Students have impact on engineering program

By Douglas Esser
Blue Origin, the spaceship company launched by Amazon’s Jeff Bezos, is known for its privacy, but a select group of University of Washington Bothell mechanical engineering students managed to tour the Kent headquarters.

The tour last spring was largely the work of Cameron Whalen, the founder of the UW Bothell student chapter of the American Society of Mechanical Engineers who boldly sees the club and engineering as ways to start changing the world.

Whalen says it was tough to get into Blue Origin, and the students felt very fortunate to have the opportunity to meet people working on new frontiers in aerospace. He made the connections through LinkedIn and says it’s the kind of networking that’s one of the most valuable functions of the student club.

Less than a year old, the club also regularly brings in speakers or panels from the industry to share information about the real world of engineering. Increased student involvement is what Whalen wanted for himself after transferring from Bellevue College.

“I wanted to find a way to engage myself, engage others to ensure that people don’t fall through the cracks,” he says. “From a student perspective I want to see my peers succeed.”

His leadership with the club helped the rising senior land a summer internship with TerraPower, the Bellevue company funded by Bill Gates that’s developing sustainable nuclear energy technology.

“If you’re part of a group such as ASME, particularly one that is newly founded, those companies recognize that you are willing to take a certain amount of self-initiative and are willing to take a risk on you,” Whalen says.

He says he’s been put to work on a meaningful project, “which I can’t talk about.” Longer term, Whalen plans to earn a master’s degree and work in the clean energy field.

“I want to work in a career that has significant change. I’m not interested in making small consumer products, although that’s interesting to me, but I want to work on big projects,” Whalen says.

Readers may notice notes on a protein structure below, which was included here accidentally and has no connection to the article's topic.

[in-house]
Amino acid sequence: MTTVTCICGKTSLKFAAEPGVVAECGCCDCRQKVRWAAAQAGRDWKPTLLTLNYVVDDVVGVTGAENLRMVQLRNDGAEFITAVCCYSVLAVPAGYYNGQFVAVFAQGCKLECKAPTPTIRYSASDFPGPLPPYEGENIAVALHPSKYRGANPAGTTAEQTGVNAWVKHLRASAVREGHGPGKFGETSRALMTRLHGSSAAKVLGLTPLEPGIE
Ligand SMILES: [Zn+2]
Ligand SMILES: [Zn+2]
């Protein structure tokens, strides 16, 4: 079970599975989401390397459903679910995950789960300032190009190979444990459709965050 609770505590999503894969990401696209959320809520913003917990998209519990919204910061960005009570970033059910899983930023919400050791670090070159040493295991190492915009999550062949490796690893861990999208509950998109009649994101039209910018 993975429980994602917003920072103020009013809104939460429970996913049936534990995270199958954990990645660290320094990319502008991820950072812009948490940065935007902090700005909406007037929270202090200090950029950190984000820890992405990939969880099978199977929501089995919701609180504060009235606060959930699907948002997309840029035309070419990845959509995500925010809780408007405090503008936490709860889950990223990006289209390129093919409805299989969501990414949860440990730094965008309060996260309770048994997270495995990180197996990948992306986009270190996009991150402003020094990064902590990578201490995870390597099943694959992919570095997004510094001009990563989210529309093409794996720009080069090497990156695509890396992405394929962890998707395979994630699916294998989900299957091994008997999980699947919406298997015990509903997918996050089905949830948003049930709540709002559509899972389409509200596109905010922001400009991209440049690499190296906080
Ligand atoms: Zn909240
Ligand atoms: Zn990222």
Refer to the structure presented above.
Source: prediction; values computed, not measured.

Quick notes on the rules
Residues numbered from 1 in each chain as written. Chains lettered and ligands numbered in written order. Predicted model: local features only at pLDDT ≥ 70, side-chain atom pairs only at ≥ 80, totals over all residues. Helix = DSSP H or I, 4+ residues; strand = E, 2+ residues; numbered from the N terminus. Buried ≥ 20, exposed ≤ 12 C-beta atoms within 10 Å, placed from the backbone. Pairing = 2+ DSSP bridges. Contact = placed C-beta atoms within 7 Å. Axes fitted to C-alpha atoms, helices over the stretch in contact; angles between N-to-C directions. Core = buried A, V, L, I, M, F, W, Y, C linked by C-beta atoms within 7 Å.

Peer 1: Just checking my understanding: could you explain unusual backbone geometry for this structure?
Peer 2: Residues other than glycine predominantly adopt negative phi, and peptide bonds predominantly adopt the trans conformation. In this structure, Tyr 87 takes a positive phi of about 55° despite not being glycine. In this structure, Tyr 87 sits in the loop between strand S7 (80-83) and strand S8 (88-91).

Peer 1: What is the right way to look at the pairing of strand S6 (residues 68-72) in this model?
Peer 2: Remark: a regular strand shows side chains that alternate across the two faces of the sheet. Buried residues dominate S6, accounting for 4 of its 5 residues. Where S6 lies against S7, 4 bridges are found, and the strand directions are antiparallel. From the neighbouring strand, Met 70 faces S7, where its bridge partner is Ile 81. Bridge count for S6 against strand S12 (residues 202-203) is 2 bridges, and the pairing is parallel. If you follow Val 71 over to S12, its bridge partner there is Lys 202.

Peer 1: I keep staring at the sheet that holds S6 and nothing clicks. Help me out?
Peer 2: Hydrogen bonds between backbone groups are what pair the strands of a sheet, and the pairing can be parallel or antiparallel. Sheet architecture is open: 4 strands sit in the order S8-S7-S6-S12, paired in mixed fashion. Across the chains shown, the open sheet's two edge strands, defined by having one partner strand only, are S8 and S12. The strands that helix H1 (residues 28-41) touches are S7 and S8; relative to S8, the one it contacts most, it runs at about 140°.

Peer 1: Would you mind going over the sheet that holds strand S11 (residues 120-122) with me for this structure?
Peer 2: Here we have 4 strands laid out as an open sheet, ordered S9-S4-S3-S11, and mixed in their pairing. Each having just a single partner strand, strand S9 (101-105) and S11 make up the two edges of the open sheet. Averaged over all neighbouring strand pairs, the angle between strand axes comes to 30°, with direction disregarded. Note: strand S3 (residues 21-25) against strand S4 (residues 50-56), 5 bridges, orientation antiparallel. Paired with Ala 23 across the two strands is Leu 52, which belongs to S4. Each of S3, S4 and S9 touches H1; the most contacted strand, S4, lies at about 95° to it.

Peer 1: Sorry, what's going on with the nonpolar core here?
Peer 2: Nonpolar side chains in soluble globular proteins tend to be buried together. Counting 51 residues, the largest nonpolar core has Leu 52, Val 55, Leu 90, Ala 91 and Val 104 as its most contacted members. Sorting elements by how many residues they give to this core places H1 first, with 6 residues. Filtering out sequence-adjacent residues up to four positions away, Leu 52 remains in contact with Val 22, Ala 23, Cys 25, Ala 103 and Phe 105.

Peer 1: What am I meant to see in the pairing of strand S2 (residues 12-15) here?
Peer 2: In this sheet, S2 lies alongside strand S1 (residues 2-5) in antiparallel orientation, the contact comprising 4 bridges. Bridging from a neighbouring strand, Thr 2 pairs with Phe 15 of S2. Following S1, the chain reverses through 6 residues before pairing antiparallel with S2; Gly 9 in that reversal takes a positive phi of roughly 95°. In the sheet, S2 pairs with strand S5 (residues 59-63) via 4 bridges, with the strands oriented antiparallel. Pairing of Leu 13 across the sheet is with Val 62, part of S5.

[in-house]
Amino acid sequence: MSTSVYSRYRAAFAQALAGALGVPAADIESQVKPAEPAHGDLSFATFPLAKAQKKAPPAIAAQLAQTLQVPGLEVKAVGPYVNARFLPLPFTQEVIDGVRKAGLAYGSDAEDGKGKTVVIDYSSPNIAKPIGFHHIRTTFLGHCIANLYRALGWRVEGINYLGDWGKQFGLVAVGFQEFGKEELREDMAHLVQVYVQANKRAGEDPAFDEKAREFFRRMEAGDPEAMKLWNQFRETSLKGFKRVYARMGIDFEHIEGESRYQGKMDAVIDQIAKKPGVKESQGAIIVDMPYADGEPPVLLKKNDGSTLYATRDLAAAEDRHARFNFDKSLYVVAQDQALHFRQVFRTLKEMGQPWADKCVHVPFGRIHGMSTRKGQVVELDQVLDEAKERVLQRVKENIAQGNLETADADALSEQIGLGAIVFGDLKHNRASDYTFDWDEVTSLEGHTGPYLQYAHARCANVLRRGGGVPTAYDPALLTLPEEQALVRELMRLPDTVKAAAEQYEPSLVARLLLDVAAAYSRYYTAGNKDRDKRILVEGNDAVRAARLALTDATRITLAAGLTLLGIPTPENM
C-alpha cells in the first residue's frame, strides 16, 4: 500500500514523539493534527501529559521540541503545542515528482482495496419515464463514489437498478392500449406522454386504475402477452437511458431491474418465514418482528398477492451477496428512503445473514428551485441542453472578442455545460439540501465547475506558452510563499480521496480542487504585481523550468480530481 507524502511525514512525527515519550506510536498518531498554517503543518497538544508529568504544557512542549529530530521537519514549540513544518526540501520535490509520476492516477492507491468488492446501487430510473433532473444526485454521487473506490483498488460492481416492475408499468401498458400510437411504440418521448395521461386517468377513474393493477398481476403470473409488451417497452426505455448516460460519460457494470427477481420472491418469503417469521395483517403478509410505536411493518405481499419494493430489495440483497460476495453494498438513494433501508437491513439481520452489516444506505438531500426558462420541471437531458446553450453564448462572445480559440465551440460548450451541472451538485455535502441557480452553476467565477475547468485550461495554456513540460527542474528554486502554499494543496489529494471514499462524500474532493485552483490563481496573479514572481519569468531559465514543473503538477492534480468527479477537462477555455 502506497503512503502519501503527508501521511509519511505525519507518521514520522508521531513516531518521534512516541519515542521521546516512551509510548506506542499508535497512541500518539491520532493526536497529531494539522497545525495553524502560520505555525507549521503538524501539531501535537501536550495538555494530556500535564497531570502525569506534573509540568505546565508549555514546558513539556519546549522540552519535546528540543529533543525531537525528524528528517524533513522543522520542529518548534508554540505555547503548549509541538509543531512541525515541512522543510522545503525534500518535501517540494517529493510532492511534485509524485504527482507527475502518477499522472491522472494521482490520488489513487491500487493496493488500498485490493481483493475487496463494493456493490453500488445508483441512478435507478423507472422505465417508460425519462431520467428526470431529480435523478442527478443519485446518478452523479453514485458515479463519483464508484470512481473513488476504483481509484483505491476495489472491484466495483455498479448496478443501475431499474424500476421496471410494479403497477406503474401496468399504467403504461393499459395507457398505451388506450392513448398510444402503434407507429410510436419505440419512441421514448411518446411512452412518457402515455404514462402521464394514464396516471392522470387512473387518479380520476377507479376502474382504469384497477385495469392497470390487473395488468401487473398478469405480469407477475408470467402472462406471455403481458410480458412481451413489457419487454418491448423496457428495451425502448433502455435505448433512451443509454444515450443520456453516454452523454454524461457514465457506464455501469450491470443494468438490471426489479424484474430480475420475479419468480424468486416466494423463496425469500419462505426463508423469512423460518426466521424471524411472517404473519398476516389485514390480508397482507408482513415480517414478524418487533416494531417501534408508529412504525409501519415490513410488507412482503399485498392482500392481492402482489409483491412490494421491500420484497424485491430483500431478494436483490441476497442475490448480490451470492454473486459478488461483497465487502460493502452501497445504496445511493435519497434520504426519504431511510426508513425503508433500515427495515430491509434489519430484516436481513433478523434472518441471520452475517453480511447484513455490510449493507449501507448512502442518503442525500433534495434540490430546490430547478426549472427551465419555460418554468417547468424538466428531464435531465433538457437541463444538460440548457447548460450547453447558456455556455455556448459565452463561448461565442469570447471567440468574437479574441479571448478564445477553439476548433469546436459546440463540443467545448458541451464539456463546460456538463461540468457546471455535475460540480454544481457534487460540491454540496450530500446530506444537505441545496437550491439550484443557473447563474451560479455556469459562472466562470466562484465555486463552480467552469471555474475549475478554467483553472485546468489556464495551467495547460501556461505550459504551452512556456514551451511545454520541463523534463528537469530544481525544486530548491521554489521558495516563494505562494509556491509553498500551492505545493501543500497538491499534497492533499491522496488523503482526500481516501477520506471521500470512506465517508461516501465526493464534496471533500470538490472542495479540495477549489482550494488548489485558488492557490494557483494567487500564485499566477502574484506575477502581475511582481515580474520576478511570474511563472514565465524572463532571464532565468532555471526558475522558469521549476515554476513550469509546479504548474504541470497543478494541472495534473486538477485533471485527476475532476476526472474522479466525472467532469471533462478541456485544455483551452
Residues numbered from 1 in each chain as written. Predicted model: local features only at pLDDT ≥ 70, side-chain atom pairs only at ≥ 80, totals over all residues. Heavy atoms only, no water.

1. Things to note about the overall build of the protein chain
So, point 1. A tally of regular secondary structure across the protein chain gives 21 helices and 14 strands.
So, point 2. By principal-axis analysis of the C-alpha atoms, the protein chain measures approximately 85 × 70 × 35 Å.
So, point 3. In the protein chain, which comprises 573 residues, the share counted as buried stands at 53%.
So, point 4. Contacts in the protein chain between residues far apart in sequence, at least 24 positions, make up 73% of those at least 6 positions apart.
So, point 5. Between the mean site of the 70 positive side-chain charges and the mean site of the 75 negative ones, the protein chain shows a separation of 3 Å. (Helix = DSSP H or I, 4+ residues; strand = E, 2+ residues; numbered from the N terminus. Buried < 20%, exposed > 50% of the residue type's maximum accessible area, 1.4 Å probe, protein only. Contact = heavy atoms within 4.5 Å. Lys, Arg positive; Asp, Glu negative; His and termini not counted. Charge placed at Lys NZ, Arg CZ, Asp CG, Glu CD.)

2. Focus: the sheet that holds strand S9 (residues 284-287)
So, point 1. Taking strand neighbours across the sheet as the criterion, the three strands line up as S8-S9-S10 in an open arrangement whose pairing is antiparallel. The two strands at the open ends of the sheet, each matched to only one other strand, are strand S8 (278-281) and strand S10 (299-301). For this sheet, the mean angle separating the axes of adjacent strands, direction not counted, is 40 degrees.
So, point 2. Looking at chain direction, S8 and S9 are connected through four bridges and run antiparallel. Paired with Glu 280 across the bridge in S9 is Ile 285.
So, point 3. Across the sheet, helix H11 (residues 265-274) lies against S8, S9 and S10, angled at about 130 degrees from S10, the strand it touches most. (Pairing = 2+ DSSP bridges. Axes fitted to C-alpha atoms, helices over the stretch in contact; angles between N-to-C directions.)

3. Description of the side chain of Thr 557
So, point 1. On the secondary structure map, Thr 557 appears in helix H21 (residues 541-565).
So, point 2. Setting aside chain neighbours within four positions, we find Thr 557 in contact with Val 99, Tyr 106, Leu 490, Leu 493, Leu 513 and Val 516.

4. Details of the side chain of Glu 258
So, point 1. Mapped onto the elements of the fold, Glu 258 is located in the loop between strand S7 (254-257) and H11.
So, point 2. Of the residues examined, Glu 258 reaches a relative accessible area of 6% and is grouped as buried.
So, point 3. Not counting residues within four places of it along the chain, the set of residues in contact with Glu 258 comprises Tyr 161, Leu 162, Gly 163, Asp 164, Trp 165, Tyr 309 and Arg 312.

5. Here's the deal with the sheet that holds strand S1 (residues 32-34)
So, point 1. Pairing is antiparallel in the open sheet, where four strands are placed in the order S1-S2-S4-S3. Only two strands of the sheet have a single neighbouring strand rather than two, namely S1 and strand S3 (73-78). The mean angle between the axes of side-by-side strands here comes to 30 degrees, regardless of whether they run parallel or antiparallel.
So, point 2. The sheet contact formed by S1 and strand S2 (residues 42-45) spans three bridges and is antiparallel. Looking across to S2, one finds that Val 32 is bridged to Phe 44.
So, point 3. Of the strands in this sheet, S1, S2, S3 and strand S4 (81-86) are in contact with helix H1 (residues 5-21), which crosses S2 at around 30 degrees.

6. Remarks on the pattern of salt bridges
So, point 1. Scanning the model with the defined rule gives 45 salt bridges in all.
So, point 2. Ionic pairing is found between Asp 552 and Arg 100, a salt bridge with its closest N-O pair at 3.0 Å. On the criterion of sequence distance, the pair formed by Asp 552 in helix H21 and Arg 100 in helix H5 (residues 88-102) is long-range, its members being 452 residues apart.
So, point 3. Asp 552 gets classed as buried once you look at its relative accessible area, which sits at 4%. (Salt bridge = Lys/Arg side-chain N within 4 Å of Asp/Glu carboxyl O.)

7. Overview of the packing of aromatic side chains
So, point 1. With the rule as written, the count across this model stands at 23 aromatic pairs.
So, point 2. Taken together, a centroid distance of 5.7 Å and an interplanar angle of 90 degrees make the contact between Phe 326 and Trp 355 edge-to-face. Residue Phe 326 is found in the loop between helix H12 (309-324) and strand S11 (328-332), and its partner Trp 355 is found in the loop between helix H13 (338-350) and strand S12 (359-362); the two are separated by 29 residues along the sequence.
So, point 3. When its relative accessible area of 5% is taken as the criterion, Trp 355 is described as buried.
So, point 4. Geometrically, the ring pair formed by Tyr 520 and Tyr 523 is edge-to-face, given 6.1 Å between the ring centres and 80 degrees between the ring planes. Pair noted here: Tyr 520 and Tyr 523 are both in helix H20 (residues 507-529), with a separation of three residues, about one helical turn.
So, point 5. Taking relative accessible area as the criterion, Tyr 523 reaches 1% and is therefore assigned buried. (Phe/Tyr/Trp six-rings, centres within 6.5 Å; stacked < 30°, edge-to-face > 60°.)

He also wants the student chapter of ASME to have more events such as an outreach that was held for younger students at the Pacific Science Center. And he wants a hackathon that was hosted by the department to become an annual event.

“I would like to find ways our students can relate their skills to things that have an impact in our community,” he says.

The student ASME chapter and everything else about the mechanical engineering program at University of Washington Bothell is new. It began in 2014 and graduated its first cohort of 28 last spring.

“There is a strong demand, especially from local startups and medium-sized companies” in Bothell, Woodinville, Kirkland and Snohomish County – biomedical, aerospace, and startups and spinoffs, says Jong Yoon, assistant professor School of Science, Technology, Engineering & Mathematics and faculty sponsor of the student ASME chapter. “We want to provide good quality engineers to local companies.”

About 80 percent of the UW Bothell mechanical students enhance their course work by joining the student chapter of ASME, which has 130,000 members worldwide.

This reflects “that our program is very healthy and lively because students are not passively learning from lectures. They learn from their own activities – leadership, social skills, ethical issues, running their own chapter,” Yoon says.

The activities make them more confident and employable.

“They learn something outside their comfort zone,” Yoon says. “Companies prefer students have strong leadership skills. That will make their resume very strong.”

Jong Yoon
Cameron Whalen

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